The yarrow died. He said the yarrow died
last year when I was too strung out on grief
to pace the yard. I couldn’t bear the fat
cartwheeling clouds, the soil like fudge, the shit
of too damned many birds. In winter, death
is like an earthquake. It’s not if but when.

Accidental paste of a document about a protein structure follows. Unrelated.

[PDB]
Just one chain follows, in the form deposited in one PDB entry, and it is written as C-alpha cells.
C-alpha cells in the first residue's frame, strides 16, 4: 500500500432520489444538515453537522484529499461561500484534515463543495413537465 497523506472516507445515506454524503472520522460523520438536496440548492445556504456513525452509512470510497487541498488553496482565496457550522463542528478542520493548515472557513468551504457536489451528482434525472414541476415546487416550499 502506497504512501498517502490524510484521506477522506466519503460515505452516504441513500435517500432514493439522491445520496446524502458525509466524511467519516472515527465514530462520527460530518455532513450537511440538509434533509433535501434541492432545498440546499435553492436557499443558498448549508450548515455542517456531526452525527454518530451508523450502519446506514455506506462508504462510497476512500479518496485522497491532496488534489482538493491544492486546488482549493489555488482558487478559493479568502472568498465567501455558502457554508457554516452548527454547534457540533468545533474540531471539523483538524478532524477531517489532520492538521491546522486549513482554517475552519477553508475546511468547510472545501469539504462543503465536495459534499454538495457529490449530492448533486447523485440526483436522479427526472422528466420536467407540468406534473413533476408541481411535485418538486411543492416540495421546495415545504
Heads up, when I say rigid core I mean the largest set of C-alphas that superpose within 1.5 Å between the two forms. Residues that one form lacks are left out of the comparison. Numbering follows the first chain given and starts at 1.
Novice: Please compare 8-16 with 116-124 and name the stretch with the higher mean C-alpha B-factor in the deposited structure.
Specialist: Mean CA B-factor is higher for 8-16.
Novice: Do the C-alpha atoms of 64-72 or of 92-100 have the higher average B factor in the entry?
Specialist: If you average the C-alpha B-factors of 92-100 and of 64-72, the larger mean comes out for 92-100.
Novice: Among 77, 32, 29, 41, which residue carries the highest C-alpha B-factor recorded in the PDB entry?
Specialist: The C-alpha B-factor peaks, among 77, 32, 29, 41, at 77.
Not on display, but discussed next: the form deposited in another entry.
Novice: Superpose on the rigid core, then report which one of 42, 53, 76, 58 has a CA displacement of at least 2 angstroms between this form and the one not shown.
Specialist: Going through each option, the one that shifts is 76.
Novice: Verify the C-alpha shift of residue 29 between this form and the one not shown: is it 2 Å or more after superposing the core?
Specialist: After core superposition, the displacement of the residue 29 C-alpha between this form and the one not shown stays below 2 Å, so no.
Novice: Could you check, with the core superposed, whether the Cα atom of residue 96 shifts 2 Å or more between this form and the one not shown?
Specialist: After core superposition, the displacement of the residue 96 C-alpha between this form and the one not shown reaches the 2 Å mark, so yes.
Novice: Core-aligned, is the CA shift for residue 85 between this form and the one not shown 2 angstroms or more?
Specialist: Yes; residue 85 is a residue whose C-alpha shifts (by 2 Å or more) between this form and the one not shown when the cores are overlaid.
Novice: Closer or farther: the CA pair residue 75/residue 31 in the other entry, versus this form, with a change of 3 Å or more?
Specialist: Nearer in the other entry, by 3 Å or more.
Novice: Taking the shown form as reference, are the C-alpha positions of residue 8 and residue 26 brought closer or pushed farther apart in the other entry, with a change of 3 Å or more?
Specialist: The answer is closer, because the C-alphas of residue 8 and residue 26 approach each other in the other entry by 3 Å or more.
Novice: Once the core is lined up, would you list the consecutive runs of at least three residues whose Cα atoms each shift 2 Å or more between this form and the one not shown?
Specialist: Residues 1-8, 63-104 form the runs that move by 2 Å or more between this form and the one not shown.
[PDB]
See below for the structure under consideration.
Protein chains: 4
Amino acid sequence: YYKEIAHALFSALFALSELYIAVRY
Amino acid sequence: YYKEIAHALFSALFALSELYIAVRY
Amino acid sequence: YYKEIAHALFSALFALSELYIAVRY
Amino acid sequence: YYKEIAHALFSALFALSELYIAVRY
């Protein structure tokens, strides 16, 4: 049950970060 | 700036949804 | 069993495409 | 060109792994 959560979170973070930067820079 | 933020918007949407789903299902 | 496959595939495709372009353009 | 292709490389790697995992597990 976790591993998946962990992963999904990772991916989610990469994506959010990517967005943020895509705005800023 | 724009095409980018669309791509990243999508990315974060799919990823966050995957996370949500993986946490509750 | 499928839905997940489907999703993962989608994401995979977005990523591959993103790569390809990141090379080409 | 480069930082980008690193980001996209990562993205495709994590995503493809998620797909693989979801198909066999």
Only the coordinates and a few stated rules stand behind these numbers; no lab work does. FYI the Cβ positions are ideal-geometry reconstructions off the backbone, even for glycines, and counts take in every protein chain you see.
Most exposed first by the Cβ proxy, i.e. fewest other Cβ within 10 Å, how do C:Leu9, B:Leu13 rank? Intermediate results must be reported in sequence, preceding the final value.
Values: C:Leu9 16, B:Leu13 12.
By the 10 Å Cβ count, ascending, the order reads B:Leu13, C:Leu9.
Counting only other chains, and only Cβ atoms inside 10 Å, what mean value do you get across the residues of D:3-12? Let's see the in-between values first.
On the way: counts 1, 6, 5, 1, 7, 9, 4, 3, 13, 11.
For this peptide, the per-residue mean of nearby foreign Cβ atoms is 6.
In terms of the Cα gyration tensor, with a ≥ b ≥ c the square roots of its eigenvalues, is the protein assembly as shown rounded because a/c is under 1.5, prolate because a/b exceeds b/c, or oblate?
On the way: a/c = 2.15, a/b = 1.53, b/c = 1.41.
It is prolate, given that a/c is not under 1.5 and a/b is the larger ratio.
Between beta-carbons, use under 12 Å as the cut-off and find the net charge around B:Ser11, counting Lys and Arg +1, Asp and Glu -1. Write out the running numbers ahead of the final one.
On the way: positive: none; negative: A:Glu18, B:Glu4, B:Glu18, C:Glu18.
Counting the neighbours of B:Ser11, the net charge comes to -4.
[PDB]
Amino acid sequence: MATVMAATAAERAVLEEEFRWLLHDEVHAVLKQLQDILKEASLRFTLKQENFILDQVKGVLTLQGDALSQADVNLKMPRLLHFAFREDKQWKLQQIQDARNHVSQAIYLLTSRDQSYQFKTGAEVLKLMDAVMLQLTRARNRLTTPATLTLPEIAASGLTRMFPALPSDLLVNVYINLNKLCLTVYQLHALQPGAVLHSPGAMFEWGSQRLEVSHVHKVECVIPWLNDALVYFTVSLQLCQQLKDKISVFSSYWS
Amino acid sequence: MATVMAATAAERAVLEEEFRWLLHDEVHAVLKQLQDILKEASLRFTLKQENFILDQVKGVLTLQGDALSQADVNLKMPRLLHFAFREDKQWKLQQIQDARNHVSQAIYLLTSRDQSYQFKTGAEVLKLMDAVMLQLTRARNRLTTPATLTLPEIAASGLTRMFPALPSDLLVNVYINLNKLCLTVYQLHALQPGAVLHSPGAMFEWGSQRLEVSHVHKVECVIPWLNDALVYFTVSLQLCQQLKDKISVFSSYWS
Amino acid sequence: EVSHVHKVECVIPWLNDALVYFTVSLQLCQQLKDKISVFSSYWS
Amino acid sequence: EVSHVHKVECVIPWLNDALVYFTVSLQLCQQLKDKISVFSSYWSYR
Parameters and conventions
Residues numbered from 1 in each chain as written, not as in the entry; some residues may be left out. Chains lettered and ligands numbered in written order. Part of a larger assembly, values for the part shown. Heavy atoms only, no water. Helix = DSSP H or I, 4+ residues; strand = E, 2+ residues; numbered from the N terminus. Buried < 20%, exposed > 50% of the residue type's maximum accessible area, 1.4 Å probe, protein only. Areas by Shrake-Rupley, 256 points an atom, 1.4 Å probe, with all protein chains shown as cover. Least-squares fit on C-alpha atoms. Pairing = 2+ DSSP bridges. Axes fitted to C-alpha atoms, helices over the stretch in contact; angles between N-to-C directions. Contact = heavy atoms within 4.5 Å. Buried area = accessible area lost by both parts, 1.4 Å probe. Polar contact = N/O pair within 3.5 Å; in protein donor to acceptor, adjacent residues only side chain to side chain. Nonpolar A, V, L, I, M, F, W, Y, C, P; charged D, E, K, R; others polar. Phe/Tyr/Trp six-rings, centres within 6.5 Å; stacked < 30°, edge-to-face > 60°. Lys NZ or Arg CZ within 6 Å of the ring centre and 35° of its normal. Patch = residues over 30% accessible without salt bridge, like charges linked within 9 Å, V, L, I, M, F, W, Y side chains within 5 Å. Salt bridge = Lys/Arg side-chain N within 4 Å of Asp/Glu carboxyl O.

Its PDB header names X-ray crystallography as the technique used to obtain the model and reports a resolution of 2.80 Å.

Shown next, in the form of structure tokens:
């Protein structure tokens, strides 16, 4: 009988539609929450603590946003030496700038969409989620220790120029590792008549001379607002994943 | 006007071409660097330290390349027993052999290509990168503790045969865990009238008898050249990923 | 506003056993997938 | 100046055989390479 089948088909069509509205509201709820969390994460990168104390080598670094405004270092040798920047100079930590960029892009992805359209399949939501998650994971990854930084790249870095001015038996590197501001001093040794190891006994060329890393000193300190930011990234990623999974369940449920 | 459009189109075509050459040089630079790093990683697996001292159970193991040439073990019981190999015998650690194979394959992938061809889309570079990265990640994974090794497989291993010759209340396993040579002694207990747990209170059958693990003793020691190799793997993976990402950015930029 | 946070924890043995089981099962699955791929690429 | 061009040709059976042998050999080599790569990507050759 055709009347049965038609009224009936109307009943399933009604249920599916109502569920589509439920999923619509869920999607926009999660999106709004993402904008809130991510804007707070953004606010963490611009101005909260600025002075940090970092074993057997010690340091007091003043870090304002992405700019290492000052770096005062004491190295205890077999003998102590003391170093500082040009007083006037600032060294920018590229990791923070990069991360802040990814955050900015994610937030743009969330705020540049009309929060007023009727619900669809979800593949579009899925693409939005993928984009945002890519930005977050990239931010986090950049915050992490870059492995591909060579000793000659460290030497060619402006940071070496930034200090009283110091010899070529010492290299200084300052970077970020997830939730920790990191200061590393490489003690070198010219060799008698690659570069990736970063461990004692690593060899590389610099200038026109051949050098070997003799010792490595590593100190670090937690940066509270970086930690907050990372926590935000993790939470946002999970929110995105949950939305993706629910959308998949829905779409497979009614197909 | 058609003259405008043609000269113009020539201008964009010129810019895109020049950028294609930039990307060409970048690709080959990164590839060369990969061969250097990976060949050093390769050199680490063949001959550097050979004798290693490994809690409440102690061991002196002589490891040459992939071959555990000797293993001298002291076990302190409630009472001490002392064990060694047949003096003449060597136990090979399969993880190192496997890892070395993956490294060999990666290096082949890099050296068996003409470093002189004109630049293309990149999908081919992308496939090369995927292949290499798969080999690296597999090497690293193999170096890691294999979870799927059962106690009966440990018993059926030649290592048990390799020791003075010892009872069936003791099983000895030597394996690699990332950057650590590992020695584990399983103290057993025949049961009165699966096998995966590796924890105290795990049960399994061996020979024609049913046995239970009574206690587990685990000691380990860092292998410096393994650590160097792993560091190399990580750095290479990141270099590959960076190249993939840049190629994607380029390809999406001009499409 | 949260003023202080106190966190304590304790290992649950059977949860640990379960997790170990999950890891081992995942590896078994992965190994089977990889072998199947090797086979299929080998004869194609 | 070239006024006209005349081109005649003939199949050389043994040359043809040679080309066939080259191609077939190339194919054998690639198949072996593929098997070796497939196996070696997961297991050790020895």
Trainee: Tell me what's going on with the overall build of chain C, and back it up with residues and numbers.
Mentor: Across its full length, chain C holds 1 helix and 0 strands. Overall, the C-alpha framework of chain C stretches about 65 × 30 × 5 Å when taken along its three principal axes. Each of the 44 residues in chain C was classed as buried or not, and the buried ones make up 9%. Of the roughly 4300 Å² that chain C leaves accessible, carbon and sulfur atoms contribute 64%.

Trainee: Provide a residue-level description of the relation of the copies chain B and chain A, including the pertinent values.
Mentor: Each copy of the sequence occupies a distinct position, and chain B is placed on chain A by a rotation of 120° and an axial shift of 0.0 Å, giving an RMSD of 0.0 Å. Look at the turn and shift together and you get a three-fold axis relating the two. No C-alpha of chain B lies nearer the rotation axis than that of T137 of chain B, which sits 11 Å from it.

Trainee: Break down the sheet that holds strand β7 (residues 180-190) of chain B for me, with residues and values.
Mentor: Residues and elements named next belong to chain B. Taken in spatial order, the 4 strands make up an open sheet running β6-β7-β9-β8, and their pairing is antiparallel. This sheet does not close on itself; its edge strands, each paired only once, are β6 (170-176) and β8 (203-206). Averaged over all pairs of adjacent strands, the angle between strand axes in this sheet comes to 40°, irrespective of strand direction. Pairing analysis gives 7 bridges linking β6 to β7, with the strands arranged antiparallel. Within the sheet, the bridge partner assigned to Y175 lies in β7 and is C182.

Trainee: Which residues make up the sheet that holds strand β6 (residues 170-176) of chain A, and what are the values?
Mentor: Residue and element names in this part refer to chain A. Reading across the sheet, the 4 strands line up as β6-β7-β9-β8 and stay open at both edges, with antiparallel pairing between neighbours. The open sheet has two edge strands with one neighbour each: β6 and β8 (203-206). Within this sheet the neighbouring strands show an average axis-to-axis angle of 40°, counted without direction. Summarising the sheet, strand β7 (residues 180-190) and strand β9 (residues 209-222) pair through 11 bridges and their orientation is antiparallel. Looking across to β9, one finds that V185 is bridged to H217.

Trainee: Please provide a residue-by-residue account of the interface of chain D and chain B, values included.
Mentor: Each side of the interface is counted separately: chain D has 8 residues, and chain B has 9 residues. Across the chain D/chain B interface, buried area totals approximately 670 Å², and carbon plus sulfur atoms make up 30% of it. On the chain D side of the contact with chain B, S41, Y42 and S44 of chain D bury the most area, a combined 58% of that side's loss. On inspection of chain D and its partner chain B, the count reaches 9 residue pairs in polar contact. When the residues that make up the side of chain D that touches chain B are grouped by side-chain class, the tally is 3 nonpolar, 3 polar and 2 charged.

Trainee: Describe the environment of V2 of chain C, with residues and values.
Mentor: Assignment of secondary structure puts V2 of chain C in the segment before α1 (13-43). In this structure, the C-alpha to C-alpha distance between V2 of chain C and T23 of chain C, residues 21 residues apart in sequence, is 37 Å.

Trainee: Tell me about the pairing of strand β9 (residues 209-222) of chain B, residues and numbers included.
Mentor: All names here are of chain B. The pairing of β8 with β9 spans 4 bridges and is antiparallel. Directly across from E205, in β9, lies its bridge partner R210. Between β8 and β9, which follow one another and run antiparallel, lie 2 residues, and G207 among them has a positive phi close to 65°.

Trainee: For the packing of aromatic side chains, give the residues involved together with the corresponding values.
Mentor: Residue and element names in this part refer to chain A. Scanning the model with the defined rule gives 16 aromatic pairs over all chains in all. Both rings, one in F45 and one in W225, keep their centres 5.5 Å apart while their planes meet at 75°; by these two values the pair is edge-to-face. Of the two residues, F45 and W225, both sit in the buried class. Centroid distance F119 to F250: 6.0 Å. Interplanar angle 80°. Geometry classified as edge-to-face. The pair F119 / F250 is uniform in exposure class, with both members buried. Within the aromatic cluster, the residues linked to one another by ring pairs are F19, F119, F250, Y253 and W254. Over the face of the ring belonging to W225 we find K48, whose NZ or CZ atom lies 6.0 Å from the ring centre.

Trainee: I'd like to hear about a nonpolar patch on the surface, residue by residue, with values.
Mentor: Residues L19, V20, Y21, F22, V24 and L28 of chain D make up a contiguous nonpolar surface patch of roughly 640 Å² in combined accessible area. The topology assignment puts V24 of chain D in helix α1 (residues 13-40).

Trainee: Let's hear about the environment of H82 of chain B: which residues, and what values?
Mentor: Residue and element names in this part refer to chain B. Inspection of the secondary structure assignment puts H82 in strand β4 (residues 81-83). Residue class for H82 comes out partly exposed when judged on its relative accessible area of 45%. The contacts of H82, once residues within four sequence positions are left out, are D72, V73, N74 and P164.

But June’s no time to die, too many flies
will gather friends and dot like berry seeds
along your face. This spring, he touched my wrist,
told me the yarrow died when you were dying,
told me its skeleton in brittle grey
was still footing the yard. I pulled it out.